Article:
Paul saw himself (1 Cor 15:8-9) as Miriam the leprous ektroma in Numbers 12 who was ignorant and sinned, because Paul was ignorant and sinned when he persecuted the assembly of God (Gal. 1:13-14). But then God revealed his son to Paul and called him by His grace to preach Jesus among the Gentiles. Paul did not consult with anyone, but went to Arabia (the land of Moses), and like Miriam Paul returned cleansed. (Gal. 1:15-17).

Note: color highlights are intended to be applicable only within each row ---

Mark 1:40-45Numbers 12 (LXX)Paul
“And Mariam and Aaron spoke against Moses” (12:1)

“And Aaron said to Moses, ‘I beg you, sir, do not lay extra sin upon us, because we were ignorant in that we sinned” (12:11)
“I persecuted the assembly of God to an extreme degree and tried to destroy it.” (Gal 1:13)


[Like Miriam, Paul was ignorant and he sinned]
“And a leper came to him [Jesus], calling out to him and kneeling down and saying to him, ‘if you are willing, you are able to cleanse me.’ And having been moved with anger ** , having stretched out his hand” (1:40-41)“The anger of the Lord’s wrath was against them, and … Mariam was leprous like snow” (12:9-10)

“And Moses cried out to the Lord, saying, ‘O God, I beg you, heal her!” (12:13)
“Do not let her be like unto death, like an ektroma (έκτρωμα) coming out of a mother’s womb” (12:12)“Last of all, as the ektroma (ἐκτρώματι) he was seen by me also ... because I persecuted the Assembly of God ” (1 Cor 15:8-9)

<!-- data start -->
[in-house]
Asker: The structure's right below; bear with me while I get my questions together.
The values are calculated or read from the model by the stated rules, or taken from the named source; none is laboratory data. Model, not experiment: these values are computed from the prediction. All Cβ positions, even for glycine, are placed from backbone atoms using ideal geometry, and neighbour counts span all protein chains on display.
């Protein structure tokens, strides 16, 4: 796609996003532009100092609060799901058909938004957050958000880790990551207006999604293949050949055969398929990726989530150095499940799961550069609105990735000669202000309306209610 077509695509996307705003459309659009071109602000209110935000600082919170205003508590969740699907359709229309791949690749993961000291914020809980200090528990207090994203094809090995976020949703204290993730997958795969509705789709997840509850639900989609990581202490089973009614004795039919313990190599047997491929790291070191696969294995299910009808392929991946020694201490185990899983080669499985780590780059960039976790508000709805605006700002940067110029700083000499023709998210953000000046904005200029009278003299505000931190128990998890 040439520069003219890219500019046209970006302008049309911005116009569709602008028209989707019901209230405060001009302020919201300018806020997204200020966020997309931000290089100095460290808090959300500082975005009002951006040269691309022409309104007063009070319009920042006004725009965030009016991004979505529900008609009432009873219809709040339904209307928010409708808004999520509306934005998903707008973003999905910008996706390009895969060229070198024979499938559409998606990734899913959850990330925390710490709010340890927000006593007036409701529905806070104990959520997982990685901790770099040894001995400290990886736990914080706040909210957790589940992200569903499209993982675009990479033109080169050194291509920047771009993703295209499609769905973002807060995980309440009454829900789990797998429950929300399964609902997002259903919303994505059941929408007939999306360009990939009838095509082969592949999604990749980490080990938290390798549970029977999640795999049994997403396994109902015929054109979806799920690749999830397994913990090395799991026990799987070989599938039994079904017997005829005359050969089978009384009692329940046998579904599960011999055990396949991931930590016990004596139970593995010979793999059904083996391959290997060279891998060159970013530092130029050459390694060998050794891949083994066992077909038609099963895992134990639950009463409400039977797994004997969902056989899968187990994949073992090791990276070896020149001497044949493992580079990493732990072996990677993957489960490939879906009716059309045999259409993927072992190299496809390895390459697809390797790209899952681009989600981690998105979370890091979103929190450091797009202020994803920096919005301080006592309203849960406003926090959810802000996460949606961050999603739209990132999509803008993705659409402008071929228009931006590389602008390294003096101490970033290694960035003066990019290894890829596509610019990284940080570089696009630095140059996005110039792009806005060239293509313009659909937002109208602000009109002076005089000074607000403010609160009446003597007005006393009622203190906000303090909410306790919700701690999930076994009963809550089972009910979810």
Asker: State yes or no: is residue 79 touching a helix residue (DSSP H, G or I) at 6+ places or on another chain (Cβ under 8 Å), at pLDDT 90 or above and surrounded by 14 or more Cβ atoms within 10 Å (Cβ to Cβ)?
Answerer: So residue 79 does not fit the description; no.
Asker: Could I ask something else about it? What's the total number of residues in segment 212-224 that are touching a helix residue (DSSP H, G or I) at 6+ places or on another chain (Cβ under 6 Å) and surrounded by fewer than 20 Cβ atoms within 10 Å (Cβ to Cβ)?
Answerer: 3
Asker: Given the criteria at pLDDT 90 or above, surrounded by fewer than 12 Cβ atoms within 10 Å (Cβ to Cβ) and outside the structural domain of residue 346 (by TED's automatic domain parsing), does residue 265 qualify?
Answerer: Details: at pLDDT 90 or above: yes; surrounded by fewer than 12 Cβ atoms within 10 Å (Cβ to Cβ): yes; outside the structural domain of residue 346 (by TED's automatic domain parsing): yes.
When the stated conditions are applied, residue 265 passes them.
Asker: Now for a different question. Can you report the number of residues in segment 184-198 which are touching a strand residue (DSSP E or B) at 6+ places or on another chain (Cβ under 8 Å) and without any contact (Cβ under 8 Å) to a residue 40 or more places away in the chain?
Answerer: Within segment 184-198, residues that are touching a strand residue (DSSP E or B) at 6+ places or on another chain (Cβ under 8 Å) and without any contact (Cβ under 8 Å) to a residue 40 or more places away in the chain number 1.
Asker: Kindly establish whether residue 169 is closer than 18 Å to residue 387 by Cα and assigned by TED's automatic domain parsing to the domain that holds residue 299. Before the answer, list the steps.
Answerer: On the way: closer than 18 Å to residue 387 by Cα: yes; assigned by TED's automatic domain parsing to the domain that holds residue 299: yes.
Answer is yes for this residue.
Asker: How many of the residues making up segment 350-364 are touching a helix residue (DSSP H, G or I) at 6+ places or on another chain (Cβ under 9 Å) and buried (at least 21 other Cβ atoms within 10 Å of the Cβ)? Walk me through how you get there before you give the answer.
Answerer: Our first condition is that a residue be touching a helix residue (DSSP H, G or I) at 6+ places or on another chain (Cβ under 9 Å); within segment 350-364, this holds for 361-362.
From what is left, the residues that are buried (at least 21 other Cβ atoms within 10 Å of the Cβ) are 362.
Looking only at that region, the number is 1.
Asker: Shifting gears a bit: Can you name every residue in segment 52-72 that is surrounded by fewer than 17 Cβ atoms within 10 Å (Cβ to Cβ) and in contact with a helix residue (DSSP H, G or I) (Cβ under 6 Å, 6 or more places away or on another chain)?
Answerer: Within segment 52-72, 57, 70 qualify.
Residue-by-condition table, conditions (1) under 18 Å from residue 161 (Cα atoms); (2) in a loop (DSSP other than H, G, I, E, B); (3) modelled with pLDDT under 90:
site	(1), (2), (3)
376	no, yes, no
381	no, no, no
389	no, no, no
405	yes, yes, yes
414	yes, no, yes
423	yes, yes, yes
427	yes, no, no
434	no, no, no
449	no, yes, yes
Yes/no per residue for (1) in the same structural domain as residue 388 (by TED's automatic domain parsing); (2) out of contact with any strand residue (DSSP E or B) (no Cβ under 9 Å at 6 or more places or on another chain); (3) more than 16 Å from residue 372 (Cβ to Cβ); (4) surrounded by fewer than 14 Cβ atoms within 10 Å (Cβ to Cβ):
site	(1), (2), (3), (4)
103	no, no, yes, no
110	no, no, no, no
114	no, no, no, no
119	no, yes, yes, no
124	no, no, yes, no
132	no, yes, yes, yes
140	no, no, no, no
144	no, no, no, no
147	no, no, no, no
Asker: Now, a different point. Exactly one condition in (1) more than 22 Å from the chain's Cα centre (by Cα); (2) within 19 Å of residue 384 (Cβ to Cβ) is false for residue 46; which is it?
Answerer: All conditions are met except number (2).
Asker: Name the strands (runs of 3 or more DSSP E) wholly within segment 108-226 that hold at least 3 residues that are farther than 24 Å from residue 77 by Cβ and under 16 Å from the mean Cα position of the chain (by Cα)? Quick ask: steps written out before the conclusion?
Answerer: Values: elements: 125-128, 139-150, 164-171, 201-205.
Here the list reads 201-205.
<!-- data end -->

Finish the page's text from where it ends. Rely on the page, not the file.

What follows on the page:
“he touched him and … immediately the leprosy departed from him and he was cleansed. And having admonished him, he immediately sent him away” (1:41-43)“And the Lord said to Moses, ‘Let her be separated for seven days outside the camp, and afterwards she shall enter.’ And Mariam was kept apart outside the camp for seven days, and the people did not set out until Mariam was cleansed” (12:14-15)“But when God ... having called me by His grace, was pleased to reveal His Son in me so that I might preach Him among the Gentiles” (Gal 1:15-16)

I went away into Arabia and returned again” (Gal 1:17)

[Paul seperated himself in the land of Moses, and returned cleansed]
“And he said to him, ‘See that you speak nothing to anyone’ (1:44)
I did not immediately consult with flesh and blood” (Gal 1:16)
“but go, show yourself to the priest and offer for your cleansing what Moses commanded^^^, for a testimony (μαρτύριον) to them.” (1:44)I went up again to Jerusalem and set before them the gospel that I proclaim ... before those of reputation” (Gal 2:1-2)
having gone out, he began to proclaim freely and to spread the word.” (1:45)Sound like Paul after his calling and cleansing by the garce of God?